“Then the angel said to them, ‘Do not be afraid, for behold, I bring you good tidings of great joy which will be to all people. For there is born to you this day in the city of David a Savior, who is Christ the Lord.’” (Luke 2:10-11, NKJV)
Back towards the beginning of November, I tweeted that I had started listening to Christmas music. “Desperate times call for desperate measures,” I wrote. I said I wanted joy at all costs, even if it meant breaking my strict No Christmas Music Before Thanksgiving rule. But in the weeks since, I’ve mostly been listening to Joni Mitchell’s “River” on repeat (and every good cover of it I can find), with “Winter Song” and “I Heard the Bells on Christmas Day” sprinkled in for good measure. I made a “Contemplative Christmas” playlist, but that may just be an alliterative name for a playlist full of the saddest Christmas songs out there.
I know that Advent isn’t all about joy; it’s about the wait, the anticipation of the joy that will arrive with that baby’s first cries on Christmas Eve. I know that we are called to carry both our joy and our sadness, to feel them both fully, to not expect one to replace to other but to slog along, one bucket in each hand. Still, I really wish my melancholy would go away.
Back in January, I chose “joy” as my word of the year. If you know me much at all, you probably know that I chose “free” as my word of the year in both 2014 and 2015, and it quite literally changed my life. The ongoing conversation I had with Jesus about His promised freedom was the truest “renewing of my mind” (Romans 12:2) I’ve ever experienced. It’s how for the first time, God began to loosen the chains of striving, accomplishment, and perfectionism that had enslaved me all my life.
Near the end of 2015, I began asking: If I’m free from perfectionism, what do I want to be free for? The answer was clear: joy. I wanted and needed more joy. And I expected that “joy” would have the same profound effect on my life that “free” did. I was looking for tangible, profound, more than all I could ask or imagine change.
So, how did 2016 go? I haven’t done much of anything with my word (besides scribble “choose joy” on the tiny chalkboard by my front door). Lessons about joy haven’t shown up unexpectedly in my reading, writing, or podcast-listening. The word hasn’t leapt off the pages of Scripture. I feel like my word let me down a bit, or like I let myself down by not doing enough to make joy a reality.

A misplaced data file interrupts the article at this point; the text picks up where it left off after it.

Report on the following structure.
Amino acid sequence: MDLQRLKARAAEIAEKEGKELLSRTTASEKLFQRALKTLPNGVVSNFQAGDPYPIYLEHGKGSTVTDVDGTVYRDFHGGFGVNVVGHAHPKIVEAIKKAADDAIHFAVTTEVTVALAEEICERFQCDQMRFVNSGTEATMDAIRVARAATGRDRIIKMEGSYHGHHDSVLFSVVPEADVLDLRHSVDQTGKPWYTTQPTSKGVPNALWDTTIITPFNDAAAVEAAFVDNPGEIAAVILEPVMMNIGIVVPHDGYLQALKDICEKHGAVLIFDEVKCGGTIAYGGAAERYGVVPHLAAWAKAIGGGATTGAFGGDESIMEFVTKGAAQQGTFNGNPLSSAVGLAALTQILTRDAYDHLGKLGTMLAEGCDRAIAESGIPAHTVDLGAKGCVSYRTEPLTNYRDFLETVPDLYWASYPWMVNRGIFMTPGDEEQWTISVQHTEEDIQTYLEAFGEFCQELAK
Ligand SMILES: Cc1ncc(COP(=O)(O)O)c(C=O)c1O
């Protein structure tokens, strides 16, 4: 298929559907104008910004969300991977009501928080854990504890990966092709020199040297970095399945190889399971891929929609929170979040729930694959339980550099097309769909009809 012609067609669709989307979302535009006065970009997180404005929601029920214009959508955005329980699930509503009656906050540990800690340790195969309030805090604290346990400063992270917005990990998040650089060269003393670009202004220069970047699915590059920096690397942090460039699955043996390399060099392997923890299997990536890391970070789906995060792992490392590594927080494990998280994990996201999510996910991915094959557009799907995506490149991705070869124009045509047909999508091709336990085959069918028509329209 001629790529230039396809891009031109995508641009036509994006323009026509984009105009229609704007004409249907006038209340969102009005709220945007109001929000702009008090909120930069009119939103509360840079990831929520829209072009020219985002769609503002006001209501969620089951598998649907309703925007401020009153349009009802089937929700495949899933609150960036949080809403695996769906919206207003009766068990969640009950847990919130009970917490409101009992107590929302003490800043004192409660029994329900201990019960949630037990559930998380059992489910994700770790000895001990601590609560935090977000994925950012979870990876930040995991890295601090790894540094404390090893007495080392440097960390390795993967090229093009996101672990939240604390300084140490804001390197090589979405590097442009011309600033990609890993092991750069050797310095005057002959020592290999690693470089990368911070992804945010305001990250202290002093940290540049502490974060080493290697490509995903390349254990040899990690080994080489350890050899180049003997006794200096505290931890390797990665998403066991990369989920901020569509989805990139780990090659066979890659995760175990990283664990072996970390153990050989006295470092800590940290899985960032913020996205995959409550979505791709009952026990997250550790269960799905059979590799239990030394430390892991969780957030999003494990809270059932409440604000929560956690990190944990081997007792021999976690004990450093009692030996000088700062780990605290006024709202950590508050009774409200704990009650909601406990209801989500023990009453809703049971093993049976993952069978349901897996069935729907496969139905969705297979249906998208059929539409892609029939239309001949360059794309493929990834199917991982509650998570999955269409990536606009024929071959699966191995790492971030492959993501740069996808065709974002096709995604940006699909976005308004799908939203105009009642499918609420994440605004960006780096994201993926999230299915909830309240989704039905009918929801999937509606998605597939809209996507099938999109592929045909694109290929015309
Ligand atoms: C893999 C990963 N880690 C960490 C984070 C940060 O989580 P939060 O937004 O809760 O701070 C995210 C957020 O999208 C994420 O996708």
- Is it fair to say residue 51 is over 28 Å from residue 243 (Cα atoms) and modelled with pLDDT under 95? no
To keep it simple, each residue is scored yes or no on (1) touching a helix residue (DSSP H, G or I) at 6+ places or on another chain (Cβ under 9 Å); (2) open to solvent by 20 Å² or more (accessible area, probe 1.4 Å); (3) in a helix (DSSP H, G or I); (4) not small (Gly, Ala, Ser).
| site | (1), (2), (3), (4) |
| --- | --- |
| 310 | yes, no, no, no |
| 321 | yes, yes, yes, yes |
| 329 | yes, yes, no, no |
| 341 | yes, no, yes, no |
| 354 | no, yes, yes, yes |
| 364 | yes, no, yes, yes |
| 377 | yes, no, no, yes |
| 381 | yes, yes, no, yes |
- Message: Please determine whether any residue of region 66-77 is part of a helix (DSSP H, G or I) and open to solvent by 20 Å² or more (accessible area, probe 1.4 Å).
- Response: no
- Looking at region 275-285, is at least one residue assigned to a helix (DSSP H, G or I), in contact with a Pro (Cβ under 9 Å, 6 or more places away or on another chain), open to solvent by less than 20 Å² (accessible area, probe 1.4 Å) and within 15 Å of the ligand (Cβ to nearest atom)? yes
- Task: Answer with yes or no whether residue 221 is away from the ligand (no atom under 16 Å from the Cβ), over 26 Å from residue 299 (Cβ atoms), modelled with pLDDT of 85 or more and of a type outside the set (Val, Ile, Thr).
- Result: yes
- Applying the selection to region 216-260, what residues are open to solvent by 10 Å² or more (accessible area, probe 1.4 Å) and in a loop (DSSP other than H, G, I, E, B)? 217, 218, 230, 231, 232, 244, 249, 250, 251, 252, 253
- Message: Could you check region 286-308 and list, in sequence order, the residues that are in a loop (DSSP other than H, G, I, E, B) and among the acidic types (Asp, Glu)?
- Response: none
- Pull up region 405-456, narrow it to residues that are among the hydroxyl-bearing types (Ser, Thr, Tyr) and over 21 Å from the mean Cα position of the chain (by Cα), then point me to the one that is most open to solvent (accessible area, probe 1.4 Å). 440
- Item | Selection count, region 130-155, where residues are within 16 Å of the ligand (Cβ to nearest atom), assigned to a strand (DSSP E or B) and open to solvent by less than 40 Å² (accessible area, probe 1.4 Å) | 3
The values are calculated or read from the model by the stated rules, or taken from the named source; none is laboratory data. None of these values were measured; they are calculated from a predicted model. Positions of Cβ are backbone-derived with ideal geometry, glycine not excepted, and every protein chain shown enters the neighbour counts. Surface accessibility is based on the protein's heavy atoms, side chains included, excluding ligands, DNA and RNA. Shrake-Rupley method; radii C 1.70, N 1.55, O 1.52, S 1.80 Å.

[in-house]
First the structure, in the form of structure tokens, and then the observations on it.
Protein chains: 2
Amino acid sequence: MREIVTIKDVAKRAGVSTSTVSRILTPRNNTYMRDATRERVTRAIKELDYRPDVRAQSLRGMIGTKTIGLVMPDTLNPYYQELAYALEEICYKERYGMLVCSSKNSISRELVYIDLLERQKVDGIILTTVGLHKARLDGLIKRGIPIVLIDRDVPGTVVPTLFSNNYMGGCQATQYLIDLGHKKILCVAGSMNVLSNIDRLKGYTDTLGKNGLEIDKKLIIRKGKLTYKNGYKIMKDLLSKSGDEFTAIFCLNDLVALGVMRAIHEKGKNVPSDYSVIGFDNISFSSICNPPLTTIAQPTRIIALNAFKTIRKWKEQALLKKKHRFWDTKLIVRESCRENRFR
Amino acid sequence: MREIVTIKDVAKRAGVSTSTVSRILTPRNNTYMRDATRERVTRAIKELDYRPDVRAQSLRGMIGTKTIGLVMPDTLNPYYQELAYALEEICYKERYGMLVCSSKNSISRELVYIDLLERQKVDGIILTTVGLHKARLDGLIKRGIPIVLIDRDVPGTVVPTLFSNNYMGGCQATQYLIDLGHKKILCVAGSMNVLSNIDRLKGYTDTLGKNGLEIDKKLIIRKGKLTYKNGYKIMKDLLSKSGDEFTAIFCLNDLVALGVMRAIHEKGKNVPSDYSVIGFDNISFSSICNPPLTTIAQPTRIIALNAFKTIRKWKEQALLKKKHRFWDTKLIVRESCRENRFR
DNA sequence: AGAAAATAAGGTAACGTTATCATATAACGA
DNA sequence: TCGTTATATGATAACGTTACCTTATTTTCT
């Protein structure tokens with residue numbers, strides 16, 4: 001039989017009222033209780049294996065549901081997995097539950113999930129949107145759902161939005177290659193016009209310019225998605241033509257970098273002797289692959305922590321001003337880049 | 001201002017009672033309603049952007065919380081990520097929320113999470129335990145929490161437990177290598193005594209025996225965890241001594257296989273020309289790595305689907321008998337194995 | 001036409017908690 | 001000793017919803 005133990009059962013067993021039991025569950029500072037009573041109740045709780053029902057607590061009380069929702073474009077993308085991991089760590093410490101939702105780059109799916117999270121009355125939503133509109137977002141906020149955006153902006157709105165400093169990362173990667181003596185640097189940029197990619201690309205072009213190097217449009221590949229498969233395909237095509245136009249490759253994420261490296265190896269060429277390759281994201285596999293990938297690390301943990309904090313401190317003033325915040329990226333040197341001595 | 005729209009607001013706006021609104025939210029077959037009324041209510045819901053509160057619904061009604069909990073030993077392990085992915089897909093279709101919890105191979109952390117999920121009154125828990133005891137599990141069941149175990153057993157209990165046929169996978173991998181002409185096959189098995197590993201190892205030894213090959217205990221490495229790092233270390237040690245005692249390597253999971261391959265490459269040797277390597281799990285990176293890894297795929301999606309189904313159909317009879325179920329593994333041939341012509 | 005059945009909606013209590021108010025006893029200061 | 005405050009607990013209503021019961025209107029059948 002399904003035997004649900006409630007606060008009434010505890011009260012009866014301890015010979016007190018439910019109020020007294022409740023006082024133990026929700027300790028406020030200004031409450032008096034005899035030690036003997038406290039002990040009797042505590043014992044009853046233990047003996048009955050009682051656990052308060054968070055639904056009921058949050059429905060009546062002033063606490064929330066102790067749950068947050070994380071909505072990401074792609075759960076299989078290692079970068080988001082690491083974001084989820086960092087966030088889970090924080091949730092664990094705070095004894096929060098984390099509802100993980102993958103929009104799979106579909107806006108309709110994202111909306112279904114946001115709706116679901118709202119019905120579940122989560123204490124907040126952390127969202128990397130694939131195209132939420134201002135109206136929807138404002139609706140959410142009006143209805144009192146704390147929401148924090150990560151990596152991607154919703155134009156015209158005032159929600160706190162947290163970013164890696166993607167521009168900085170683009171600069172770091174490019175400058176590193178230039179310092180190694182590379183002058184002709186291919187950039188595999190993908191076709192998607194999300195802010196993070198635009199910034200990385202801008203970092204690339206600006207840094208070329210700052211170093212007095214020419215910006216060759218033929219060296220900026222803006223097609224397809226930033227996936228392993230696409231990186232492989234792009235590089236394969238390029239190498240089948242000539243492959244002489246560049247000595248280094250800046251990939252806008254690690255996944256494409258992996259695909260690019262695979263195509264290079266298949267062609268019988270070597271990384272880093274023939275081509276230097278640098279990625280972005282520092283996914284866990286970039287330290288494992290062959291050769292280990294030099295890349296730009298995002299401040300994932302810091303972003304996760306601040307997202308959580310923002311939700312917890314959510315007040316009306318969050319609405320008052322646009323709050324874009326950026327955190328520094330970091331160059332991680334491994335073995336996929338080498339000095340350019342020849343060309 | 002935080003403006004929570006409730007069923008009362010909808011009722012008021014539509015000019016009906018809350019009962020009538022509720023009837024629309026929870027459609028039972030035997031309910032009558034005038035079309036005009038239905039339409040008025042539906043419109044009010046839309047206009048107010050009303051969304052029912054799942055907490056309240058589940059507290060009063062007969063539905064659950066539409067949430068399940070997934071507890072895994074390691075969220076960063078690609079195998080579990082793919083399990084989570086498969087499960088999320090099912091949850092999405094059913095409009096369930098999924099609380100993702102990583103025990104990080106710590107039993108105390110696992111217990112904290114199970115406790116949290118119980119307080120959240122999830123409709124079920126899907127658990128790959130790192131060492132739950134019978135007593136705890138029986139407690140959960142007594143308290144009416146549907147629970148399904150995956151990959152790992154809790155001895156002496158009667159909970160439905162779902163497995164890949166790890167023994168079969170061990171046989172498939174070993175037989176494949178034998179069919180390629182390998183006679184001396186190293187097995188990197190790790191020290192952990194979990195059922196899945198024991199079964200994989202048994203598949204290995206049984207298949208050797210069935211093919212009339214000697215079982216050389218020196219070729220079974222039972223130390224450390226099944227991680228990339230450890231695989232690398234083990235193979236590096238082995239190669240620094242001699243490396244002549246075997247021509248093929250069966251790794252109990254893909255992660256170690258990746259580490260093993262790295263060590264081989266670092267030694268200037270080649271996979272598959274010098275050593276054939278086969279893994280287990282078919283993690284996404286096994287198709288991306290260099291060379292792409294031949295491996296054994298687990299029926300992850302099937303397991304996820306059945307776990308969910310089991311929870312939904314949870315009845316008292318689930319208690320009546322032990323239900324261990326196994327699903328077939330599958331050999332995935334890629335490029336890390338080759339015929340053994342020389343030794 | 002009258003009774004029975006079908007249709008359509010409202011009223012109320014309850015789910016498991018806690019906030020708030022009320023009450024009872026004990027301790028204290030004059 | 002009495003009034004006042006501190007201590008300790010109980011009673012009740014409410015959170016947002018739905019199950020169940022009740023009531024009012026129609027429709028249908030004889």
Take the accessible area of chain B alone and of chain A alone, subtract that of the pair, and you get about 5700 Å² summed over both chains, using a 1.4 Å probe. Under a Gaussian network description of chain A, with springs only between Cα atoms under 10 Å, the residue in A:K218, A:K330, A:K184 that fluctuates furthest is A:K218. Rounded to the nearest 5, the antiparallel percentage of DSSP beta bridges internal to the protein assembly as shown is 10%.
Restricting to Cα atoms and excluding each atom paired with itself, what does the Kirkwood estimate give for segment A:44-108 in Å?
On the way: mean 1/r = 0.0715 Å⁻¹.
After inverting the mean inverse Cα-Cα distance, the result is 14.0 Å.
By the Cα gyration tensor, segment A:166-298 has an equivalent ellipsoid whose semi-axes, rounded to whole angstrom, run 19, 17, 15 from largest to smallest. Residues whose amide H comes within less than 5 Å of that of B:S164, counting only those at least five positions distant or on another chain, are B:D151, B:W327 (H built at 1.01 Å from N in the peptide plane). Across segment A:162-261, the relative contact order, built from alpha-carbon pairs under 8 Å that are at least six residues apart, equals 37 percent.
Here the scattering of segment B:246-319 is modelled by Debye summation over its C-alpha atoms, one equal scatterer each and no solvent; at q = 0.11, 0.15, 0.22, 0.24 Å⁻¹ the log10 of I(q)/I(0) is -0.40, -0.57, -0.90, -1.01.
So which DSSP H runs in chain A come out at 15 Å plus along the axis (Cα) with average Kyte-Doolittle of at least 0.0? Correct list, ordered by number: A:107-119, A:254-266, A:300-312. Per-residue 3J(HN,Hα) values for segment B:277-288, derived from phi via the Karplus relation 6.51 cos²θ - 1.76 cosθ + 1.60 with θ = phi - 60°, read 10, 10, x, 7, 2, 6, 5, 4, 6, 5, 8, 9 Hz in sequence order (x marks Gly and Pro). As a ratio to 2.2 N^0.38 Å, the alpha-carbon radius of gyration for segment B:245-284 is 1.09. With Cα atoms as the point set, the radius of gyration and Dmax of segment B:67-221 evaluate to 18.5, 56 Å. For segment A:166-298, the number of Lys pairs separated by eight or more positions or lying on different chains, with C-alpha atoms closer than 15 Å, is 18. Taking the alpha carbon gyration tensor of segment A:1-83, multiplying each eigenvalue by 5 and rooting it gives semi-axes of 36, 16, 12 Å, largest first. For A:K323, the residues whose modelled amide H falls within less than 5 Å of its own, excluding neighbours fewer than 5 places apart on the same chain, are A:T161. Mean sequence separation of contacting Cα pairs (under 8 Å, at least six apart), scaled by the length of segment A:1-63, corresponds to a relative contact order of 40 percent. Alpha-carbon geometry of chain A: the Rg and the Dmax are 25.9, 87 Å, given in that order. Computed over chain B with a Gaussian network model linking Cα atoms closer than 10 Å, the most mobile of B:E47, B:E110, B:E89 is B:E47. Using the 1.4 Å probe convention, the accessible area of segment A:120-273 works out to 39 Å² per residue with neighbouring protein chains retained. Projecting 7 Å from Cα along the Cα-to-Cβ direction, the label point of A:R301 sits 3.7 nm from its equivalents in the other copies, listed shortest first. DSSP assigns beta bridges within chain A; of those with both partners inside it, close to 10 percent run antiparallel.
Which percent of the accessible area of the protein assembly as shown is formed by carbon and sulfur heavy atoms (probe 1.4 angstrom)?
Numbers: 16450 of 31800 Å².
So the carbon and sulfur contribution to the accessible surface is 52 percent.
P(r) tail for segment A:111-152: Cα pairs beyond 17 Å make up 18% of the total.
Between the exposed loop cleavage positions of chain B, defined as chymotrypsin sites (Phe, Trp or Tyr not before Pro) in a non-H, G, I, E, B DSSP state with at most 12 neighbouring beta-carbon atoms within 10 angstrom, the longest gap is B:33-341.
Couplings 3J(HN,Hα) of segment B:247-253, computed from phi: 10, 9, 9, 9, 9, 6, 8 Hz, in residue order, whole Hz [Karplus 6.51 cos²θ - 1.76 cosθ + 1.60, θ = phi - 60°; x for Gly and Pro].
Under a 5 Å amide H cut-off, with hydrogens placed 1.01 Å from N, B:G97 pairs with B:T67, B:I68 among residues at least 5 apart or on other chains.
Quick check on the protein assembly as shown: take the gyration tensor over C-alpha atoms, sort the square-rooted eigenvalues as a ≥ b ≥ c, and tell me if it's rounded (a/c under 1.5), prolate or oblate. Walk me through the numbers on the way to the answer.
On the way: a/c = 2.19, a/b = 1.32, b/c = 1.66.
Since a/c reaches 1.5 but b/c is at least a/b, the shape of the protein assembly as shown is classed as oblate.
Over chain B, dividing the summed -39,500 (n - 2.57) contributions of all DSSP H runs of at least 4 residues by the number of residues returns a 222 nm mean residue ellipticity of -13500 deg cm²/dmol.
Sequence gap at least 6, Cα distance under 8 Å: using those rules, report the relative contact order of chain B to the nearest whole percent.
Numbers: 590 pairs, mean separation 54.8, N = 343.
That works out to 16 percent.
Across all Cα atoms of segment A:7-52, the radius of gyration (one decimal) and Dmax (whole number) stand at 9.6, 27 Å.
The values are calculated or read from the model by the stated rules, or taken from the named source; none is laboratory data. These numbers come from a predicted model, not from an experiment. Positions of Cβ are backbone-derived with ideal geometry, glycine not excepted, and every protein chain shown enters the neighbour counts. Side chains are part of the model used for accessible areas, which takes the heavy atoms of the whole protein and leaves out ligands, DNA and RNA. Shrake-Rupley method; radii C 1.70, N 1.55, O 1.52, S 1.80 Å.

During Advent, the temptation to manufacture joy is stronger than ever. If I bake just one more batch of our favorite chocolate chip cookies or hang one more cute printable on my wall, if I come up with another silly thing for our elf to do or serve up another batch of hot cocoa, then our Christmas season will feel joyful. Or maybe I just need to switch playlists and turn the Christmas music up a tiny bit louder.
But as I think about it, I know it deep in my soul: I’ve missed the point.
Joy isn’t something I can create by sheer force of will. Joy is not something I can chase. Joy is a fruit (Galatians 5:22). It is only something I can be filled up with, as I am filled up with the Holy Spirit. It’s something I can only receive. All year long, I acted (and prayed) like I just needed a better attitude, and then I would feel joy. While my attitude certainly needed adjusting some days, I think this is where the difference between happiness and joy can be found. Happiness has more to do with my attitude, and joy has more to do with my soul. Joy isn’t a response to my circumstances; it’s a gift I receive from Jesus in the midst of my circumstances, whatever they may be.
When the angels appeared to the shepherds, they didn’t say, “Go be joyful now!” Jesus’ very presence created and brought forth the joy; the shepherds could only receive it.
Admittedly, I’m still trying to hash out what this actually means in the context of my real life. So, I pray.
Dear Jesus, help us not wait for the light to break through before we receive the gifts you offer us. I want my anticipation of your coming—your salvation, your redemption, your making all sad things untrue—to lend me real and tangible joy, even in the midst of the darkness. Help this be true of my life. Fill me with your spirit and transform my heart; in the process, may my whole life become a reason to rejoice.